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  • World media on uselessness of G8 Summit(s)

    Posted by Dr. ARUDOU, Debito on July 11th, 2008

    Handbook for Newcomers, Migrants, and Immigrants to Japan\Foreign Residents and Naturalized Citizens Association forming NGO\「ジャパニーズ・オンリー 小樽入浴拒否問題と人種差別」(明石書店)JAPANESE ONLY:  The Otaru Hot Springs Case and Racial Discrimination in Japan
    Hi Blog. Concomitant to my recent assertion that the world media is waking up to how much of a useless gathering, if not an outright scam, these G8 Summits are, let’s collect some articles on this blog entry demonstrating as such. Feel free to add articles in the comments section below, only please take care to include the name of the media publication, date, full text of article, and link. Thanks. Arudou Debito in Sapporo

    Kicking off with the Financial Times, London:
    —————————
    Pipe dreams and cigar smoke
    Published: July 10 2008 03:00

    http://www.ft.com/cms/s/0/dbb1d1bc-4e16-11dd-820e-000077b07658.html

    For proof that the G8 has outlived its usefulness, one need look no further than the inability of the world’s richest democracies to forge an agreed global strategy for tackling climate change. The refusal by China and India to endorse its proposed cuts in carbon dioxide emissions renders this week’s G8 summit in Japan pointless. Any notion a club of eight nations could run the world – never plausible – is now so discredited as to call into question the value of all its declarations.

    World leaders have since Monday talked about global warming, rising food and oil prices, African poverty and the financial strains of the global credit squeeze. But what use is a “shared vision” of cutting carbon emissions without the endorsement of the developing world’s fastest-growing and biggest polluters? How is it possible to pronounce on inflation and try to tame soaring oil prices without the involvement of Saudi Arabia, the world’s biggest crude oil producer? And who in the G8 has the influence or power to isolate Zimbabwe’s Robert Mugabe, when no African nation is present?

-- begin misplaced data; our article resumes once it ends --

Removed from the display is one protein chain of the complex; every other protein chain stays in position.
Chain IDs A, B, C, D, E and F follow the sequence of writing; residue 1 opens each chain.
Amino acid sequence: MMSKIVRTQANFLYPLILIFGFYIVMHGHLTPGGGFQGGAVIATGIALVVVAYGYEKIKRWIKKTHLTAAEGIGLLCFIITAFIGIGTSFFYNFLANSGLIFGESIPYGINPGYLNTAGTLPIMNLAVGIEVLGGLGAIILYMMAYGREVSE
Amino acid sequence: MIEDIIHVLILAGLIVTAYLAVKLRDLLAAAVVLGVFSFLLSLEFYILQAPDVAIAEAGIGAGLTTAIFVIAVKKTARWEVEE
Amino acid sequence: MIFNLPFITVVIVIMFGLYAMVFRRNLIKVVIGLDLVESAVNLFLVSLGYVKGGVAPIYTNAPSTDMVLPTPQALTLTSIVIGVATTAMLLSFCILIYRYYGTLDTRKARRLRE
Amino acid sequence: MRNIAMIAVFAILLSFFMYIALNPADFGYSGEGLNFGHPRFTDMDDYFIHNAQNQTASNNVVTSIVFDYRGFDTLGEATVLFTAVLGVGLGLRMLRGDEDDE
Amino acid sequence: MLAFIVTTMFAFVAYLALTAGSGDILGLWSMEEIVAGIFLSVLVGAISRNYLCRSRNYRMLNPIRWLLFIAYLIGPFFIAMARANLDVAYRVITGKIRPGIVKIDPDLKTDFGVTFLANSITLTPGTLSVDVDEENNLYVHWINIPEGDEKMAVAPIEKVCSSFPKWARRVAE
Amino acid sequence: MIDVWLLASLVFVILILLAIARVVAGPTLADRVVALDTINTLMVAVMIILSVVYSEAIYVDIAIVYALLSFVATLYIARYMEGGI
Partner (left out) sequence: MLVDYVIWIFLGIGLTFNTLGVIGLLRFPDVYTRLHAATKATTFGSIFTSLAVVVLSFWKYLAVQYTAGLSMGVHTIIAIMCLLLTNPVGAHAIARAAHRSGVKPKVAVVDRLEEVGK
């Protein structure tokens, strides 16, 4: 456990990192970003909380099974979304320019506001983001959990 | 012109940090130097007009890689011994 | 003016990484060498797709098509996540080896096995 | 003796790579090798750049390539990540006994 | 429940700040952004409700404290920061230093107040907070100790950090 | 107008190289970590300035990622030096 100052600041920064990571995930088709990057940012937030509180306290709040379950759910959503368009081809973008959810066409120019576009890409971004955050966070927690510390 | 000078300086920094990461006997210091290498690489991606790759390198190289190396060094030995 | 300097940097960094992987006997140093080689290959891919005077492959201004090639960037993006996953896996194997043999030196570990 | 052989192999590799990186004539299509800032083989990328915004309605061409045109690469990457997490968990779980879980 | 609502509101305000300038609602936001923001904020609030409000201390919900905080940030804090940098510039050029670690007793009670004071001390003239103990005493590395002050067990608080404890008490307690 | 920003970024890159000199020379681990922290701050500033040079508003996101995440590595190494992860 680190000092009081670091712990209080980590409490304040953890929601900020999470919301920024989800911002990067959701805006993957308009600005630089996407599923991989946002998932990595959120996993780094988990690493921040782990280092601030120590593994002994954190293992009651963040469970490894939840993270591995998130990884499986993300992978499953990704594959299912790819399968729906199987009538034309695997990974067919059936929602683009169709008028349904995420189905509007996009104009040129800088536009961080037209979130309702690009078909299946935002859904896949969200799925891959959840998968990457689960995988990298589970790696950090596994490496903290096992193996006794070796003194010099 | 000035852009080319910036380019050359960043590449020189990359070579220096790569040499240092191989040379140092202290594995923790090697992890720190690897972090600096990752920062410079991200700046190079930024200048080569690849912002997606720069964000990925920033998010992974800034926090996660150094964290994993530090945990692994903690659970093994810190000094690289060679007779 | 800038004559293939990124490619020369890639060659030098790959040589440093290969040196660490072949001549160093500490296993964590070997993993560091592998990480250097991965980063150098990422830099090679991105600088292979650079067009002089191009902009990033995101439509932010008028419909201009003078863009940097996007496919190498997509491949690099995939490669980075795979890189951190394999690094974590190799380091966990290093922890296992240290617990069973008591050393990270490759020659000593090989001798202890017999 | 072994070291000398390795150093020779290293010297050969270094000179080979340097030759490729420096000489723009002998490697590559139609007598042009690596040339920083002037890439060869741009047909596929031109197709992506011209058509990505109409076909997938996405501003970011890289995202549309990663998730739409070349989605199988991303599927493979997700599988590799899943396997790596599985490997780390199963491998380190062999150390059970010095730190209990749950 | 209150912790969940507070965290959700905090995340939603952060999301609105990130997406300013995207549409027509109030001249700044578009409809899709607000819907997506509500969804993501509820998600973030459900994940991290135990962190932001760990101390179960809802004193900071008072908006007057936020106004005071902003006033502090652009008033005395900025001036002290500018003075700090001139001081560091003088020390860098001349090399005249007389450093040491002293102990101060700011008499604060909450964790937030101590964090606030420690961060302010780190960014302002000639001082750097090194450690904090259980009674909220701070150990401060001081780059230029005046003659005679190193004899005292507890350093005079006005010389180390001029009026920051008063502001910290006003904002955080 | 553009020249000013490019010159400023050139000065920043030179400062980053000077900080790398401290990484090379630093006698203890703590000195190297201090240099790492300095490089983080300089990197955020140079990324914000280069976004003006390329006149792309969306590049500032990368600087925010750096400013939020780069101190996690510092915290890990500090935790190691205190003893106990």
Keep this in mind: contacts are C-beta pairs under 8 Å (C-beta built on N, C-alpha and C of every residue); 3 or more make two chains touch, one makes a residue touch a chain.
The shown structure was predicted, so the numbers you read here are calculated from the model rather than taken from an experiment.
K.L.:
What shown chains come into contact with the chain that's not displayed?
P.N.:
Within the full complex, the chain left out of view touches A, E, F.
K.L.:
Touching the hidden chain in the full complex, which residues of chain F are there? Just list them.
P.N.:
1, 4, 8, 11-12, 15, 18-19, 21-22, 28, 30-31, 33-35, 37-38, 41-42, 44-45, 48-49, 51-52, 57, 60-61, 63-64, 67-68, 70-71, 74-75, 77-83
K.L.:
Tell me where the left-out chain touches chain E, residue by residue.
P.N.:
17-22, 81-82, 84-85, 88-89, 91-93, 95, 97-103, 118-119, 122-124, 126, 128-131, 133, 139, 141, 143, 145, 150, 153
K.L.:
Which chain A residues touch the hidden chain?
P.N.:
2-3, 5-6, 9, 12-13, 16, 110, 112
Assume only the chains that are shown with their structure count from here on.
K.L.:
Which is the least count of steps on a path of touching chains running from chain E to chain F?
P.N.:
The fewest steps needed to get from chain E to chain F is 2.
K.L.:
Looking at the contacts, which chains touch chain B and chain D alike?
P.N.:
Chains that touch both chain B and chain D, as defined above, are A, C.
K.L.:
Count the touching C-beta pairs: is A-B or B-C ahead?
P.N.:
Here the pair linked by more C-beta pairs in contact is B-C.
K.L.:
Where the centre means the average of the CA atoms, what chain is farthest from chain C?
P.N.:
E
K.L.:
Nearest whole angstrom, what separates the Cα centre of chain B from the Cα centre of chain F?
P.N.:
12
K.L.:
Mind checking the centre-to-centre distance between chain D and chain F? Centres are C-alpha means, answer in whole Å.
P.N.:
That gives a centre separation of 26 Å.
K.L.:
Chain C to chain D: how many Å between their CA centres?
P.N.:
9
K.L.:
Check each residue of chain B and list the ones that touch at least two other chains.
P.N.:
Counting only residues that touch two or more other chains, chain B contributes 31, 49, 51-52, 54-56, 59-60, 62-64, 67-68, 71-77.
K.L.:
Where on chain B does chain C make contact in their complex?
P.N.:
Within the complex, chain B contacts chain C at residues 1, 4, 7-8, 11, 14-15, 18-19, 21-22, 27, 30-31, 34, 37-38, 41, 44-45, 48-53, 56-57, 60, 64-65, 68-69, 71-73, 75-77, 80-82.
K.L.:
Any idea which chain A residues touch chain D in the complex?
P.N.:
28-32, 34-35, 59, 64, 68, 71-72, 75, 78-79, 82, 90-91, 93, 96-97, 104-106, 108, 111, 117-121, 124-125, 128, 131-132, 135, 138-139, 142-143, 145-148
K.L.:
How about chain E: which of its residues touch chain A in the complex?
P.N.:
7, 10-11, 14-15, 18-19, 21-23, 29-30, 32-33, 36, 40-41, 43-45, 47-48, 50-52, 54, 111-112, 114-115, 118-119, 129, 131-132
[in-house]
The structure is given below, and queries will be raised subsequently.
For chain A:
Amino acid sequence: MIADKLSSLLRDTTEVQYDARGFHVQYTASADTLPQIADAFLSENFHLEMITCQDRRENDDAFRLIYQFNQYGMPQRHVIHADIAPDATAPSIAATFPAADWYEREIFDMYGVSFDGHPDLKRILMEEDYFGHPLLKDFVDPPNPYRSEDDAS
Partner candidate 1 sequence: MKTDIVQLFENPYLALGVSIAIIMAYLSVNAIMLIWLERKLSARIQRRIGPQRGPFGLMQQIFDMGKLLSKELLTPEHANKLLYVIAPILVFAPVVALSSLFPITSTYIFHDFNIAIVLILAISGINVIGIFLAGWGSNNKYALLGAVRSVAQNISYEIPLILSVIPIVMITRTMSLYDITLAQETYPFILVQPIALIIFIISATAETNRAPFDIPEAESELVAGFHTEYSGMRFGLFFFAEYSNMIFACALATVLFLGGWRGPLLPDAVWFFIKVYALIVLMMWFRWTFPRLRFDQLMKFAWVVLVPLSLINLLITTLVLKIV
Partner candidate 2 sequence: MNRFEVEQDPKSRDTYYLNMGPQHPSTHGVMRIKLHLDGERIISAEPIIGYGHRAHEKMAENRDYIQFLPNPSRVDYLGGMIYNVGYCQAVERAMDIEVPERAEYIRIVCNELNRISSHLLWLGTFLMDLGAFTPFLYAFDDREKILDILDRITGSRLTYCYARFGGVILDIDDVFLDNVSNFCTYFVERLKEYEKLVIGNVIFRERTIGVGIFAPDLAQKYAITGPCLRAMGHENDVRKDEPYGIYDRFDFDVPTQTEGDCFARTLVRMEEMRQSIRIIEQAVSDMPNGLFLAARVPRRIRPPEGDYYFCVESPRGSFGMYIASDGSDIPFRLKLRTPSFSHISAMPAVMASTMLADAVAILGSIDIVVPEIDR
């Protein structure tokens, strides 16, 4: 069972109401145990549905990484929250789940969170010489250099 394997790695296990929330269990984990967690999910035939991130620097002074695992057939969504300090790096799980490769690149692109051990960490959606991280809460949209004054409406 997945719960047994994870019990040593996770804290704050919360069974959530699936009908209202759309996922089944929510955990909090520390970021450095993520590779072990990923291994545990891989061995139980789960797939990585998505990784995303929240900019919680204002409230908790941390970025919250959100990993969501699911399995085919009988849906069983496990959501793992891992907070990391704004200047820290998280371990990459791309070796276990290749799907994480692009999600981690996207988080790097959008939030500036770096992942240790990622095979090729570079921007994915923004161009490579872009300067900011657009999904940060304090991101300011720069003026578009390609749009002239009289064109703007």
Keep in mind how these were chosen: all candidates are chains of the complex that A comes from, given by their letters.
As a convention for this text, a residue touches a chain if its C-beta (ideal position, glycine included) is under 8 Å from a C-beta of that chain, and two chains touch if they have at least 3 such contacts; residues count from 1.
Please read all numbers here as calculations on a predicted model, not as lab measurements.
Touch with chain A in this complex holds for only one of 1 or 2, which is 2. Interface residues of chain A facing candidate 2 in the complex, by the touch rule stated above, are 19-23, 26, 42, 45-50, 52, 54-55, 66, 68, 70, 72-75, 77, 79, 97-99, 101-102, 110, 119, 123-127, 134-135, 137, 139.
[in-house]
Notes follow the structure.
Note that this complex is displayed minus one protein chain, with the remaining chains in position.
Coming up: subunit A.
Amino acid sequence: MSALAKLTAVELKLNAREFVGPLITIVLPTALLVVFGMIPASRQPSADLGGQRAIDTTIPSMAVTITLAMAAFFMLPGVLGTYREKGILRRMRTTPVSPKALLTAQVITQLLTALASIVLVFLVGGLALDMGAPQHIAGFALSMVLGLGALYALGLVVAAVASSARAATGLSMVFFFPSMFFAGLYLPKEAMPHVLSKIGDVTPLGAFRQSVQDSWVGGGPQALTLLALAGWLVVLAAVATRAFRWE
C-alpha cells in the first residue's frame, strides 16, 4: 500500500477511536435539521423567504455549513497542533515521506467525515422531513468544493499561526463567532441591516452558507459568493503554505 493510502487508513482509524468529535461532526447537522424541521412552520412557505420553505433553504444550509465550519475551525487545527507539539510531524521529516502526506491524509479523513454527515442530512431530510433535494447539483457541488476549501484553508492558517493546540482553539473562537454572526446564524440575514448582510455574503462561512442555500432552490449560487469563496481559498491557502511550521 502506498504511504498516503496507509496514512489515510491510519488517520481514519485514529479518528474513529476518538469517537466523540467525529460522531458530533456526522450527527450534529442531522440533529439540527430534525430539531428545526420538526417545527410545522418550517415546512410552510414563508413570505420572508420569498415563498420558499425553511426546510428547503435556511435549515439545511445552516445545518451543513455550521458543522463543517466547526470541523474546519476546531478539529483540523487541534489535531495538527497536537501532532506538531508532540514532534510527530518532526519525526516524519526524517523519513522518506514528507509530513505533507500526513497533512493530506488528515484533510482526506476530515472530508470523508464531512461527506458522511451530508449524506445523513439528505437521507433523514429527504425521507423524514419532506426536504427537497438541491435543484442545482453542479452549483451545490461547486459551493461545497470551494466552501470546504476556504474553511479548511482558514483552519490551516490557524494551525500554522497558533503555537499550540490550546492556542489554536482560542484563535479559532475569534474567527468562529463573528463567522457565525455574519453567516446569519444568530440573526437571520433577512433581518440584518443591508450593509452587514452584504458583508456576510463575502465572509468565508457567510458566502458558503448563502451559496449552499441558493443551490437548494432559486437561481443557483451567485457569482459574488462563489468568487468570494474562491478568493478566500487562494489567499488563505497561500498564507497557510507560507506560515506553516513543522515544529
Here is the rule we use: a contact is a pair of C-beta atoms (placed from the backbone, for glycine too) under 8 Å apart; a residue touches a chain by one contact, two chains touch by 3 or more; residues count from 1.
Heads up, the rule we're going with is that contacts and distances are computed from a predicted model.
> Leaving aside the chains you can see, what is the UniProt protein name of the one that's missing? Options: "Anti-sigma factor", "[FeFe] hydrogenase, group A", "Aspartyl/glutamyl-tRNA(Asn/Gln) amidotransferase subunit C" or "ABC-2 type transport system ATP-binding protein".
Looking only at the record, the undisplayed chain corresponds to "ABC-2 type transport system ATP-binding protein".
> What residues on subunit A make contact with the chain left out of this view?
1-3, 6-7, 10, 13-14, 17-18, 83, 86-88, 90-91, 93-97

The G8’s problem is that it has become so divided and poorly led that its annual summits have deteriorated into little more than photo opportunities and exercises in drafting bland communiqués.

    The severity of the current financial crisis only emphasises the G8’s impotence. The world has changed beyond recognition since the original group was formed more than 30 years ago to discuss economic policy. Financial markets are much deeper and the flows between asset classes have grown more complex. The G8’s influence over the markets has diminished with the power of its finance ministers to move them. Moreover, any discussion on exchange rates, where governments and central banks can still be effective, is doomed to be unproductive while China stays a non-member.

    The answer lies in reform of the club rather than abolition. A talking shop for like-minded democracies – as the G7, minus Russia, was – serves a purpose. But it cannot be a steering group for the world. Reducing membership to the econ-omic superpowers – US, EU, China and Japan – would be divisive. Instead, it should be extended to fast-growing Brazil and India as well as China. A “G12″ of the largest economies would include Spain and ensure nobody was ejected. It would have the virtue of covering more than 70 per cent of global GDP. Chinese ambivalence towards membership reflects fears it will be criticised at summits. But if Beijing wants to project its influence and act in concert with other nations, this is a risk worth taking.
    ENDS
    ==============================

    8 Responses to “World media on uselessness of G8 Summit(s)”

    1. tornadoes28 Says:

      I completely agree that these G8 meetings are pointless. I don’t even know what there purpose is anymore.

    2. DR Says:

      http://www.huffingtonpost.com/2008/07/10/report-bush-tells-g8-lead_n_111966.html
      Quoting London’s Independent Newspaper
      Report: Bush Tells G8 Leaders “Goodbye From The World’s Biggest Polluter”